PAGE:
Voting is underway for the bypolls to the three Lok Sabha and two assembly constituencies in Karnataka, which is seen as a litmus test for the ruling Congress-Janata Dal (Secular) coalition in the state.
Parliamentary constituencies Bellary recorded a voter turnout of 47 per cent, Shivamogga 41.49 per cent and Mandya 37.7 per cent till 3 pm. Legislative assembly constituencies Jamkhandi and Ramanagara recorded a voter turnout of 58.82 per cent and 54.76 per cent respectively.
The bypolls for the three Lok Sabha seats and two assembly segments began at 7 am and will go on till 6 pm.
After voting, BJP chief B S Yeddyurappa expressed confidence that his son B Y Raghavendra will win in the Shivamogga seat.
“I am 101 per cent sure that my son is going to win the Shivamogga seat. We are also going to win Ballari and Jamakhandi. We will get an absolute majority in all the constituencies,” Yeddyurappa told media persons in Shikaripura.
A total of 54,54,275 voters are eligible to cast their franchise in about 6,450 polling stations. There are a total 31 candidates in the fray in all the five constituencies, though the contest is mainly between the Congress-JDS combine and the BJP.
Counting of votes will be on Tuesday. Officials at the state chief electoral officer’s office said a total of 1,502 polling stations had been declared as sensitive.
More than 35,000 polling personnel will be on duty for the bypolls, in which 8,922 voter-verifiable paper audit trail (VVPAT) machines will be used, they added. Senior police officials said elaborate security arrangements had been made in all the five constituencies.
The Congress and the Janata Dal (Secular), who came together in a post-poll alliance after the assembly elections in May threw up a hung House, have decided to fight the polls unitedly against the Bharatiya Janata Party.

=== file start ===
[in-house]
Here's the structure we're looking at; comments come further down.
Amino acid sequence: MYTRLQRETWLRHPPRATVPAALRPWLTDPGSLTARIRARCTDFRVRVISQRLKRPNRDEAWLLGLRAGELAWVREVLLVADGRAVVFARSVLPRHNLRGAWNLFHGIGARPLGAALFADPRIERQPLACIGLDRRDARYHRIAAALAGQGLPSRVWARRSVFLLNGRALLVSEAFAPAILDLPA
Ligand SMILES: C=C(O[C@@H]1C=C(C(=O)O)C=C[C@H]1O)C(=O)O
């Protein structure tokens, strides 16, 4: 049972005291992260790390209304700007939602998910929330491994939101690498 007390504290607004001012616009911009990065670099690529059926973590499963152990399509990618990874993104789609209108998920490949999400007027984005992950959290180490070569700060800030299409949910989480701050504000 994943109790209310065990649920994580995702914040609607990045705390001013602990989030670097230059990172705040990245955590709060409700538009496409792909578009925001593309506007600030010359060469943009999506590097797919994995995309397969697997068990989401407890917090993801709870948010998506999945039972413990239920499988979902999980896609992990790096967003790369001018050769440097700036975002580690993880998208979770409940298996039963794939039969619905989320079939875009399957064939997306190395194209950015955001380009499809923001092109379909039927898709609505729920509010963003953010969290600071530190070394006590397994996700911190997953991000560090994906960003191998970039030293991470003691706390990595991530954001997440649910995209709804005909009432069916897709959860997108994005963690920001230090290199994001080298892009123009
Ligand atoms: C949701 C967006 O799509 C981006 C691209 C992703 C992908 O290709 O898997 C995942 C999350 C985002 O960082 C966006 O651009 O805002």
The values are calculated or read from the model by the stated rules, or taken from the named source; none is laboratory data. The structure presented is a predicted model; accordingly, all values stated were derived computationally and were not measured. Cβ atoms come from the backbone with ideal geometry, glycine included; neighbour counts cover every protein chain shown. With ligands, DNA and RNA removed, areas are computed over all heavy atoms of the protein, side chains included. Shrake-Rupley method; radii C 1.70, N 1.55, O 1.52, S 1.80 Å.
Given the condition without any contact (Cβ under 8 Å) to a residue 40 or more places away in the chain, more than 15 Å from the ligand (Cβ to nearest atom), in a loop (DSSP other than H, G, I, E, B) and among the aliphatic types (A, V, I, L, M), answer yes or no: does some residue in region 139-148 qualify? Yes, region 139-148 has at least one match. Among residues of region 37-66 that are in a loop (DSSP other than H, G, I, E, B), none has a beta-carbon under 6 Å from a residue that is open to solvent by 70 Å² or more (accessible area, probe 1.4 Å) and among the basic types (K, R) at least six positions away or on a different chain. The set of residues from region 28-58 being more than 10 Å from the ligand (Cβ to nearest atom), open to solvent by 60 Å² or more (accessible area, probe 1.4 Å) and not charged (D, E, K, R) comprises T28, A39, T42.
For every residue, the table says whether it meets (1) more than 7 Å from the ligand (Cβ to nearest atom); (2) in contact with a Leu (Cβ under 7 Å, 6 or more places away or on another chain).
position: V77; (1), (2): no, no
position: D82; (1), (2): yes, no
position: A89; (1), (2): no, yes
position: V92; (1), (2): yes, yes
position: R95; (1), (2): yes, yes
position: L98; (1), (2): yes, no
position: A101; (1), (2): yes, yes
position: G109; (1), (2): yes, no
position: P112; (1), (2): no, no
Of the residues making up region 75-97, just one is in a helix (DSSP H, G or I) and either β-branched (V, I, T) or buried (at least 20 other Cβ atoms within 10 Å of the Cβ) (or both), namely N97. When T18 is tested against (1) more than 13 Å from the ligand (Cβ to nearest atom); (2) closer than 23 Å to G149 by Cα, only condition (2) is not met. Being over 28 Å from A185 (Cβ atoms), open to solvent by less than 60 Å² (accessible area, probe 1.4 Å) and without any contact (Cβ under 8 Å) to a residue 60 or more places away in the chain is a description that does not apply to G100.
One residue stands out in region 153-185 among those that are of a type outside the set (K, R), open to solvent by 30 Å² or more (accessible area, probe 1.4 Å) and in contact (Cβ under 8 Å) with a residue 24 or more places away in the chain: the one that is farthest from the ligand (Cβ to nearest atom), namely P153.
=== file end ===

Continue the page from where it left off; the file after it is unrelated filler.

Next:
While the Congress has fielded its candidates in Jamkhandi and Ballari, the JDS is contesting in Shivamogga, Ramanagara and Mandya under an electoral understanding. The outcome of the by-elections is expected to have a bearing on the alliance between the two ruling parties for the parliamentary polls and also be a factor in determining the respective bargaining power.
The BJP, which has been questioning the longevity of the coalition government, has predicted its fall once the bypoll results are out.
Among the prominent candidates in the fray is Chief Minister H D Kumaraswamy’s wife, Anita Kumaraswamy, who is expected to have a smooth sail in Ramanagara after BJP nominee L Chandrashekhar withdrew from the contest and rejoined the Congress.
The BJP had lodged a complaint with the Election Commission about the developments in Ramanagara and requested it to “annul” the elections immediately. The by-polls brought to fore family politics with kin of several leaders being fielded.
In Jamkhandi, Congress candidate Anand Nyamagowda, son of former MLA Siddu Nyamagouda, is pitted against Srikant Kulkarni of the BJP. In Shivamogga, state BJP chief B S Yeddyurappa’s son, B Y Raghavendra, is testing his fortunes against another former chief minister S Bangarappa’s son, Madhu Bangarappa, of the JDS.
In Ballari, senior BJP leader Sriramulu’s sister, J Shantha, is fighting against V S Ugrappa of the Congress, considered an outsider. In the Vokkaliga bastion of Mandya, JDS’ Shivarame Gowda, is pitted against a fresh face in Dr Siddaramaiah, a retired Commercial Tax officer from the BJP.
The announcement of the by-polls for the Lok Sabha seats came as a surprise to all the three major political parties in the state — Congress, BJP and JD(S) — who questioned the need for the exercise when the general elections are due early next year.
The by-elections have been necessitated after Yeddyurappa (Shivamogga) and Sriramalu (Ballari), and CS Puttaraju of the JDS (Mandya) resigned as MPs on their election to the assembly in May this year.
Bypolls to Jamkhandi assembly seat was caused by the death of Congress MLA Siddu Nyamagouda, while Ramanagara fell vacant after Kumaraswamy gave up the seat preferring Chennapatna, the other constituency from where he had won.
(With agency inputs)